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Dispute Resolution Process 

Our goal is to build consensus with students about their academic accommodations so that everyone agrees with the plan about how to proceed. However, there are limits to what we are able to do, and sometimes this results in a dispute. 

You can ask about the process of appealing a decision and we’re happy to assist you with it if needed. We do not take this personally, as a secondary review of the situation is part of how we can help support you. 

In general, here’s how it works: 

  1. If a decision is made by an SAS advisor, the appeal is typically considered by the Manager of SAS or Associate Director of Student Wellness. These appeals involve three questions: 
    1. Have we received appropriate documentation that describes the student’s abilities? Given that two people with the same diagnosis can have very different experiences, it’s the formal assessment of an individual student’s abilities, by a qualified professional, that shapes our decision-making. 
    2. Do the functional abilities described in the student’s disability-related documentation align with the type of accommodation they are requesting? 
    3. If SAS procedures have caused a delay that disadvantaged the student, is there a way to arrange for additional time for learning, or reschedule delay in an assessment to compensate? 
  2. Appeals are always considered by someone who has not yet reviewed the details of the situation. If the Manager of SAS or Associate Director of Student Wellness were the original decision-makers, then the request for an appeal may be referred to the Director of Student Wellness. 
  3. In some cases, an appeal may require input from a third party with expertise in the type of disability in question. With permission from the student, we will remove identifying information from the documentation, and ask the third party to review it. Their analysis will help inform decisions by SAS/Student Wellness. 
  4. If a decision has been made by a faculty member, then appeals are considered by the Chair of the academic department (undergraduate students) or graduate program coordinator (graduate students). If needed, appeals of those decisions are forwarded to the dean (or designate) and for graduate students to the A.V.P. Graduate Students. These appeals typically involve these three questions:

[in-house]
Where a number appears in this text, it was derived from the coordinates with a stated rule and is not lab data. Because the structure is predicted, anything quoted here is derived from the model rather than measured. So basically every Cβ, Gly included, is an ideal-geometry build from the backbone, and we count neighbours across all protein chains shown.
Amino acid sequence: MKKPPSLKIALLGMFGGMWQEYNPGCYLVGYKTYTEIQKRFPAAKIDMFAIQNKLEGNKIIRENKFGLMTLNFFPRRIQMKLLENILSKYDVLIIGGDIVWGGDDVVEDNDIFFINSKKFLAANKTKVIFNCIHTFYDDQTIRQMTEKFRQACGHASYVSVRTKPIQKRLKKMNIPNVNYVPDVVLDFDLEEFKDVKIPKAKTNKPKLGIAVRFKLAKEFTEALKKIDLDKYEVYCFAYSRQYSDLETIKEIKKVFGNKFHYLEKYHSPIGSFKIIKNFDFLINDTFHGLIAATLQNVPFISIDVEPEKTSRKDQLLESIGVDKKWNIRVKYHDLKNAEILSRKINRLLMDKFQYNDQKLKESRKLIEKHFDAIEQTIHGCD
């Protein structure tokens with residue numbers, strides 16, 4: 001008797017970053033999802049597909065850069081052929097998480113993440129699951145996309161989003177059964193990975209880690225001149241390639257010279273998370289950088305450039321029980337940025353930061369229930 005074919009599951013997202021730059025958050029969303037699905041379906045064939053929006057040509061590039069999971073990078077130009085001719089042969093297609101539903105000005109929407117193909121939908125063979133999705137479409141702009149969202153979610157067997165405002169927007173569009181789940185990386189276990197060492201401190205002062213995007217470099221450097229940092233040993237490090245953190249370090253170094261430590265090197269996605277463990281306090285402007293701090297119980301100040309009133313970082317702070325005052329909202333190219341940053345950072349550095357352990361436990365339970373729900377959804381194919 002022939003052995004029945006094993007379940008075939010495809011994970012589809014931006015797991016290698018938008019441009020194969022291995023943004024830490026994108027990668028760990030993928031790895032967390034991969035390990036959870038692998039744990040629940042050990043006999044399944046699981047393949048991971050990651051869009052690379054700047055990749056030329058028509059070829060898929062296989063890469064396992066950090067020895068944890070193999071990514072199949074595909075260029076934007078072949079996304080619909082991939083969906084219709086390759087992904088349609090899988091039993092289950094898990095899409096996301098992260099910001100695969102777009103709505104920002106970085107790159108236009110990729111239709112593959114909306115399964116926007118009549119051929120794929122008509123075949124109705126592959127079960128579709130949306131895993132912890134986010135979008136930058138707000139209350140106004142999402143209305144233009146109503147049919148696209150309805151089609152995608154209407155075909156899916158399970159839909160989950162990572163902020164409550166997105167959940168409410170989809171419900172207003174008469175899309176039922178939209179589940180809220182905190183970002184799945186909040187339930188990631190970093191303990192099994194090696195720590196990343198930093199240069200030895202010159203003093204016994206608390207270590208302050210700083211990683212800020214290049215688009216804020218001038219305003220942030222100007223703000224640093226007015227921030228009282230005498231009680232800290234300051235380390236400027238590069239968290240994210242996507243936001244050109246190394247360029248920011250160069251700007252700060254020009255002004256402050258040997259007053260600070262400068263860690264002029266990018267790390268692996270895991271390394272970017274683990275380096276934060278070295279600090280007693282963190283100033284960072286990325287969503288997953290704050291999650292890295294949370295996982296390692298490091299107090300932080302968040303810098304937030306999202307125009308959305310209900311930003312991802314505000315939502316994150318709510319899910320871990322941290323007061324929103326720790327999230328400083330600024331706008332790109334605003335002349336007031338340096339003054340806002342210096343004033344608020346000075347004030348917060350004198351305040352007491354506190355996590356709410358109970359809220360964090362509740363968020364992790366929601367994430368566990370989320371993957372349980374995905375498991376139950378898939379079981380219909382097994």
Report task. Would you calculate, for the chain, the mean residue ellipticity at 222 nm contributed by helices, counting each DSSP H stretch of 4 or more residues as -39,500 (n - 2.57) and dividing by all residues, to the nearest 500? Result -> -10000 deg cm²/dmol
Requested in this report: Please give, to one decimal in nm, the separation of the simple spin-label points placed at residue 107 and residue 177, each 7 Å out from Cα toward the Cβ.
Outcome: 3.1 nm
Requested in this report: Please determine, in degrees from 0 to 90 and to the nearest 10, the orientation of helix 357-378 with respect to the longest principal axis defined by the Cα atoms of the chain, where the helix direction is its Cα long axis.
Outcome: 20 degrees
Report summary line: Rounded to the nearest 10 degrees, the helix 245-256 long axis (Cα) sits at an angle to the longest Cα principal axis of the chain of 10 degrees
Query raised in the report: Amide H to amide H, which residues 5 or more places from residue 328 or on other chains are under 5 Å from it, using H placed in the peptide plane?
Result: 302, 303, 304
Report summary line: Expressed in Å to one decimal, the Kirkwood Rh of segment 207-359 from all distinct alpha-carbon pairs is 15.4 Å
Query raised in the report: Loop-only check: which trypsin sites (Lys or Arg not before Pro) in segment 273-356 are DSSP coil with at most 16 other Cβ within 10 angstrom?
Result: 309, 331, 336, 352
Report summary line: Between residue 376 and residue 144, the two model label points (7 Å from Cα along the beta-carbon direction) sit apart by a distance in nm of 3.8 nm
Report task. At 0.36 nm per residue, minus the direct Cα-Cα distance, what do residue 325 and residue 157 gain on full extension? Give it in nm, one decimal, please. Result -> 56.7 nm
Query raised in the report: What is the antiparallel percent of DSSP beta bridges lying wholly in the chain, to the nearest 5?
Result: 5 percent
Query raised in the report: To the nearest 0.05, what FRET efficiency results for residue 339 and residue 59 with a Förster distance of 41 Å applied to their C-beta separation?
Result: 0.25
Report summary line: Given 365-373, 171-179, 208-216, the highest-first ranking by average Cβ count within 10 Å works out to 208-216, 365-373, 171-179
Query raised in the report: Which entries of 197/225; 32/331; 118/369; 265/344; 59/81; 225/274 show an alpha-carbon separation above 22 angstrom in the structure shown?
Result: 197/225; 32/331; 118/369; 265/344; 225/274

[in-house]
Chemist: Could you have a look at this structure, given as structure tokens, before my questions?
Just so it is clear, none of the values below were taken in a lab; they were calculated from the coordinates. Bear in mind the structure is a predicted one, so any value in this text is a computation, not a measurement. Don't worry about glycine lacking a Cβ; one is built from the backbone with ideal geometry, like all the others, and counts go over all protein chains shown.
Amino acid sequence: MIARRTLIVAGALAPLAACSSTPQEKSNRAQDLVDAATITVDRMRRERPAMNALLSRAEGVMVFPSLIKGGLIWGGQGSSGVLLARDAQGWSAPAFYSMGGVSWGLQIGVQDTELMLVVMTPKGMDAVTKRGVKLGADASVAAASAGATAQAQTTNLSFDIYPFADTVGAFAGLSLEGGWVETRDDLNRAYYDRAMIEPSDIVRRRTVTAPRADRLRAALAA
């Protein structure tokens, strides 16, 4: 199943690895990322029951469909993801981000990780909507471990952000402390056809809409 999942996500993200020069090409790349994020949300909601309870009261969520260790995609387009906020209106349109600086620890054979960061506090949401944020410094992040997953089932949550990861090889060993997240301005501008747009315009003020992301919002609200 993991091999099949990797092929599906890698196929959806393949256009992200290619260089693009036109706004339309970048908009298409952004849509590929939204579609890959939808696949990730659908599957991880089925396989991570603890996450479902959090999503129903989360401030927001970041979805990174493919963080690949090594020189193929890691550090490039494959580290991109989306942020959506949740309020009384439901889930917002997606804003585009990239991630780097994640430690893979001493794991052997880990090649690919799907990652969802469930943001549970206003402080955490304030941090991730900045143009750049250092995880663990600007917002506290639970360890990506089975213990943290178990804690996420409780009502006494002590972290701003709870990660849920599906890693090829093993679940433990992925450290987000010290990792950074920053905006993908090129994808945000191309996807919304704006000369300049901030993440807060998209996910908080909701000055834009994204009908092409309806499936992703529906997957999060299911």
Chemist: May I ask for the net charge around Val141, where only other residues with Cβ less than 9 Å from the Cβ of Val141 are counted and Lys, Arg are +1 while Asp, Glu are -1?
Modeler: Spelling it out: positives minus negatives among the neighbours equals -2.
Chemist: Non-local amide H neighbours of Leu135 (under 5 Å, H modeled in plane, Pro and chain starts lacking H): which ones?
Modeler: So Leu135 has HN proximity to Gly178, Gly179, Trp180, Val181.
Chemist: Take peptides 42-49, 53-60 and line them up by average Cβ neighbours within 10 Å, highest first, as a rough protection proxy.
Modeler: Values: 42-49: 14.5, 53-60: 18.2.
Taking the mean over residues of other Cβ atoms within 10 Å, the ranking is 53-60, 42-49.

1. Is the requested accommodation possible without reducing bona fide academic requirements (sometimes referred to as “essential learning outcomes”)? 
    2. If there are concerns about the impact on a bona fide academic requirement, what makes that requirement essential or indispensable? 
    3. Is there some other way of accommodating the student’s disability without reducing these academic standards?  
  5. Decisions made by an Academic Review Committee can be appealed to the Senate Committee on Student Petitions. 
  6. In all appeal scenarios, there may also be consideration of undue hardship, which has to do with the cost to the university of an accommodation. We follow guidelines from the Ontario Human Rights Commission on such decisions. 

This page is provided to help explain our procedures. In the event of a discrepancy with the policy and procedures approved by U of G Senate, then text from Senate shall prevail. 

SAS Welcomes Feedback 

SAS is made up of a team of people, and as such, we are committed to learning and improvement. 

Periodically, SAS conducts surveys to gather feedback from students who access our services. We know students sometimes feel over-surveyed, so as an alternative we sometimes contribute to surveys conducted by Student Wellness more generally. We also look at data gathered through broader university surveys. 

We also routinely receive informal feedback through our conversations with students, and we take note of how this can help us to improve our processes and procedures. 

If you have a specific concern, observation or feedback you would like to share, please discuss it with your SAS Advisor, or if you prefer, send it to

Advisor Concerns

Working with an SAS Advisor is like any relationship – it evolves over time. If you have a conversation that doesn’t go so well, we hope you will take the time to discuss your experience with your SAS Advisor. All members of our team have made a commitment to being open to feedback and trying to adapt to the unique needs of each student. 

After having a follow-up conversation with your SAS Advisor, if you still feel the issues are unresolved, please email so we can connect you with a manager to discuss possible next steps. Regrettably, students are not able to choose their preferred SAS Advisor. 

SAS is committed to diversity, equity and inclusion, and we recognize that disability frequently intersects with other identities such as (but not limited to) sexual orientation and gender identity, Indigenous identities, Black and Racialized identities, social class, religion, place of origin, and family status. If you have concerns about your experience of intersecting identities and the services you receive from SAS, again, please email to be connected with a manager. 

Important: Tests & Exams

If you use the SAS Exam Centre, please remember that all test and exam bookings must be submitted at least 10 BUSINESS DAYS ahead of when you intend to write.

In addition, the last day any bookings can be received is the first business day in November, March or July as appropriate for the semester.
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